Social media outlets like Facebook who have 2.96 billion daily users who can make various posts, from personal ruminations to business promotions. How these posts show up on our timelines often seems mysterious. Our feeds aren’t chronological, so what dictates the posts we see versus those we miss?
Social media and news aggregator AI algorithms control your news feed and are carefully calibrated to show you the posts or articles you are likely to engage with. The algorithms use our interactions with and reactions to posts to determine what lands higher on our news feeds.
This article explains what factors dictate a post’s relevance to a user. It also explains how to control the posts you see and how to take some control of your feed.
Do You Control Your Own News Feed?
Companies like Facebook, Twitter, Google, and Bing study user’s interactions with posts to determine what shows on their news feeds. While this may give the illusion that the user is in control, it is the AI algorithm that that humans created and directed that is in control.
In 2021 the Facebook whistleblower case showed us that the social network’s algorithm pushes destructive or angry content, to keep you reading and engaged with advertising for profit. With headlines like “Facebook Inciting Anger With AI News Feed Manipulation For Profit” is a scary fact.
AI algorithms placing incendiary information at the top of your news feed in order to get a reaction out of you is a dangerous business to sell advertising. Although the AI settings are controlled by their handlers, AI gives the ability to create thousands of nuances in what you are seeing.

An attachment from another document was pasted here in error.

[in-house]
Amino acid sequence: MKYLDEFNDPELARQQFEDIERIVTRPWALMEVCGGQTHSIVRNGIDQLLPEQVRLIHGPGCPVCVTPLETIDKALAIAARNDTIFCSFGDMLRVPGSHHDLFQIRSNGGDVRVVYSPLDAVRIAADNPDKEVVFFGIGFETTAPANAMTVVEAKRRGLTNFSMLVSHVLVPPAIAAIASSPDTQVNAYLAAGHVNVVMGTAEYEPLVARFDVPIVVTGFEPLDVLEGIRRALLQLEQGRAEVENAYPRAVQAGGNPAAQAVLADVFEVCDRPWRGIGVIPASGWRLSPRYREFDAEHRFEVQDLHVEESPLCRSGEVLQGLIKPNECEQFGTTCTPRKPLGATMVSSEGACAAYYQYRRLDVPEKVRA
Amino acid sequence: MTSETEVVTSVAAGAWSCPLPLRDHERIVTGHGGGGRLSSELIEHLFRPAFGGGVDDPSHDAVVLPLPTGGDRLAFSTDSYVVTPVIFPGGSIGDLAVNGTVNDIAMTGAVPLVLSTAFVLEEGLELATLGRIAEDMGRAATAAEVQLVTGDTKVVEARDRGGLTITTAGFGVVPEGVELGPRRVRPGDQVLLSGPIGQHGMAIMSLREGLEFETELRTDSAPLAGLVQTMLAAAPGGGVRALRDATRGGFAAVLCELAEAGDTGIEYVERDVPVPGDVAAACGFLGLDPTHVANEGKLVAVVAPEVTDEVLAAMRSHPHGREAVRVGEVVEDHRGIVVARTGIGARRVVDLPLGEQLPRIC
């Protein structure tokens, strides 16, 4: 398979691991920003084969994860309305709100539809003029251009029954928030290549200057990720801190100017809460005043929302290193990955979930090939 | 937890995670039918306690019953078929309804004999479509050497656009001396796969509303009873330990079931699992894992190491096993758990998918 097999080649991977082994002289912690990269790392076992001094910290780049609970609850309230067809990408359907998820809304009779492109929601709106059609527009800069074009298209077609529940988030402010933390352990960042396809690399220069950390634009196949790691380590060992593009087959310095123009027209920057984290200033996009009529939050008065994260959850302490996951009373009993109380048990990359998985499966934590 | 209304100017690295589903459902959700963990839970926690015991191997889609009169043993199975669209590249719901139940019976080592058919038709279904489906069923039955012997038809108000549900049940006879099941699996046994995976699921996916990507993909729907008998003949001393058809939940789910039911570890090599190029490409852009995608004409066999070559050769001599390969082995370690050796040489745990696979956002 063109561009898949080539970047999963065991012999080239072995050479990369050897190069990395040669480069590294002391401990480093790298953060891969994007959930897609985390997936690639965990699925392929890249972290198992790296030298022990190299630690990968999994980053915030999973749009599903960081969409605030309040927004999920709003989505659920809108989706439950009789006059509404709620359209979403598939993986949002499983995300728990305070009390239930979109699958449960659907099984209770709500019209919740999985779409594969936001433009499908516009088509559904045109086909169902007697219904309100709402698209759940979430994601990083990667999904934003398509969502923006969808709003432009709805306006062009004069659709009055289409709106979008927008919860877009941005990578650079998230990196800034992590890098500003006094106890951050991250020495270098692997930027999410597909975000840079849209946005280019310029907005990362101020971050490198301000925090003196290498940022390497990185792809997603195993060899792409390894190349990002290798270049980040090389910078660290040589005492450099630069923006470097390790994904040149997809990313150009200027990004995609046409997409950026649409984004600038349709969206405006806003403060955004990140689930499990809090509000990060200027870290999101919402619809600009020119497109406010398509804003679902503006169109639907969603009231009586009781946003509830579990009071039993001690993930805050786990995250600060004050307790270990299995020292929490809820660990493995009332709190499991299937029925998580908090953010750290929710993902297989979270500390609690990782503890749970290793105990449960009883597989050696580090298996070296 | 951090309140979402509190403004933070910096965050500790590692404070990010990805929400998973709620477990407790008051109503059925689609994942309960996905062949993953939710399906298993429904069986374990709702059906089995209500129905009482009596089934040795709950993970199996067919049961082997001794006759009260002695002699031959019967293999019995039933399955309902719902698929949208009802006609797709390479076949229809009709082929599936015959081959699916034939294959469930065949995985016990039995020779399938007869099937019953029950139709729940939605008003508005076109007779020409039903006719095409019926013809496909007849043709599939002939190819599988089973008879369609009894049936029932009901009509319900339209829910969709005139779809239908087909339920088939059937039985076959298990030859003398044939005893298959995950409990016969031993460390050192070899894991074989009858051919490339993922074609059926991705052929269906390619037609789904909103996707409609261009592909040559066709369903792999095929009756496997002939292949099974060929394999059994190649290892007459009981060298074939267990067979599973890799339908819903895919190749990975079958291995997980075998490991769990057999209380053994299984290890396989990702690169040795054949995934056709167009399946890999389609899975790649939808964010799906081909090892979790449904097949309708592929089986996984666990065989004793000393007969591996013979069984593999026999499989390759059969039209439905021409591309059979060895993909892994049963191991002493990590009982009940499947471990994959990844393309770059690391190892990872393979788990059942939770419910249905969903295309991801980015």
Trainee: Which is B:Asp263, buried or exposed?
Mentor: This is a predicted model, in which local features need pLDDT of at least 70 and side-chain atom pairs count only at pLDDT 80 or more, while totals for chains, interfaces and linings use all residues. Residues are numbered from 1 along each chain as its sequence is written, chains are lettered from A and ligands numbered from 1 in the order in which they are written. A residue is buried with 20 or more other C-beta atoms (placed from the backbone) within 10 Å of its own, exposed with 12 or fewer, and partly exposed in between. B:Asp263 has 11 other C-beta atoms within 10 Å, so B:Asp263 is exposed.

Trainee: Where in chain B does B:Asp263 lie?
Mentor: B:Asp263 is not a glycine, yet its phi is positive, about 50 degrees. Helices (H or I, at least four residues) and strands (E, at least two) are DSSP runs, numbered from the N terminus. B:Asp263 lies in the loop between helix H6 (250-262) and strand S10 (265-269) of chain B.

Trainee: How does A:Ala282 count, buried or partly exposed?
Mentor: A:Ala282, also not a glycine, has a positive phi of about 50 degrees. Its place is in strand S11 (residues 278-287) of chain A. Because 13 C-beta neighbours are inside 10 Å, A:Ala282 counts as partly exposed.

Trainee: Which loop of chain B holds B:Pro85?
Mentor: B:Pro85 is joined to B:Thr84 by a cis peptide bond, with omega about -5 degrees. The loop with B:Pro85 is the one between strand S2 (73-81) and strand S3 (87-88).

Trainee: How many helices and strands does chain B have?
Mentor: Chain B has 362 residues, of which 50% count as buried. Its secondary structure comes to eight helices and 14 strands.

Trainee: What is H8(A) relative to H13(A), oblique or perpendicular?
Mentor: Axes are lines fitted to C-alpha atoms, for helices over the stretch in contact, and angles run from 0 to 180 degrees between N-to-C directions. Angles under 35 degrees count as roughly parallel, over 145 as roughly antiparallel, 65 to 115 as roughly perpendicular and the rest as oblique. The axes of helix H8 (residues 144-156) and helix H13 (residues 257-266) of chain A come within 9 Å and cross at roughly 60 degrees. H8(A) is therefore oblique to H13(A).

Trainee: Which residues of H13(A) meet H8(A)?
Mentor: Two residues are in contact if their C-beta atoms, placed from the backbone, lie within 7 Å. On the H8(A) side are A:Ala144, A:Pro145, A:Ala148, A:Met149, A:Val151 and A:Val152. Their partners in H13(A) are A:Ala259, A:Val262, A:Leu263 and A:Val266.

Facebook knowingly produces News Feed displaying this sort of content designed to make people angry and is the root of much of what is going on in today’s unrest in society yet no one really understands what is happening.
Facebook previously used the EdgeRank algorithm to determine what populates your newsfeed. However, the social media giants have spent years developing their current AI machine learning news feed optimization methods.
What Determines Your News Feed?
What determines your news feed is money and profit. Human programmer’s also created the AI machine learning algorithms that run the news feeds and its directives. The humans at companies and publishers like Facebook knowingly are causing dissent and strife around the world for greater profit.
Various factors impact the content that shows up on your personal page with different social media and news outlets and how it ranks. However, the simplest part of the equation relies on views, likes, and comments. Posts with higher levels of engagement get broader distribution.
Facebook for instance also allows individuals to pay for exposure. If someone has a post they’re particularly proud of, they can pay a dollar daily to boost it, which spreads it to more news feeds regardless of engagement. The post also appears further up a feed than it would without payment. This means more promoted posts, often paid ads, and populate more news feeds.
Only 12 to 16 percent of friends or followers view unpromoted posts. Promotion significantly improves the reach of your posts, and you can track the real-time metrics of the people you reach.
While this may be advantageous to would-be influencers and taste-makers, the system manipulates user’s news feeds and takes control away.
Please see our article titled “Getting Off Of Social Media.”
The Default Facebook News Feed
Facebook AI algorithms use engagement, which is a metric that encompasses the number of views, shares, likes, and clicks, to determine which posts to push harder into people’s newsfeeds.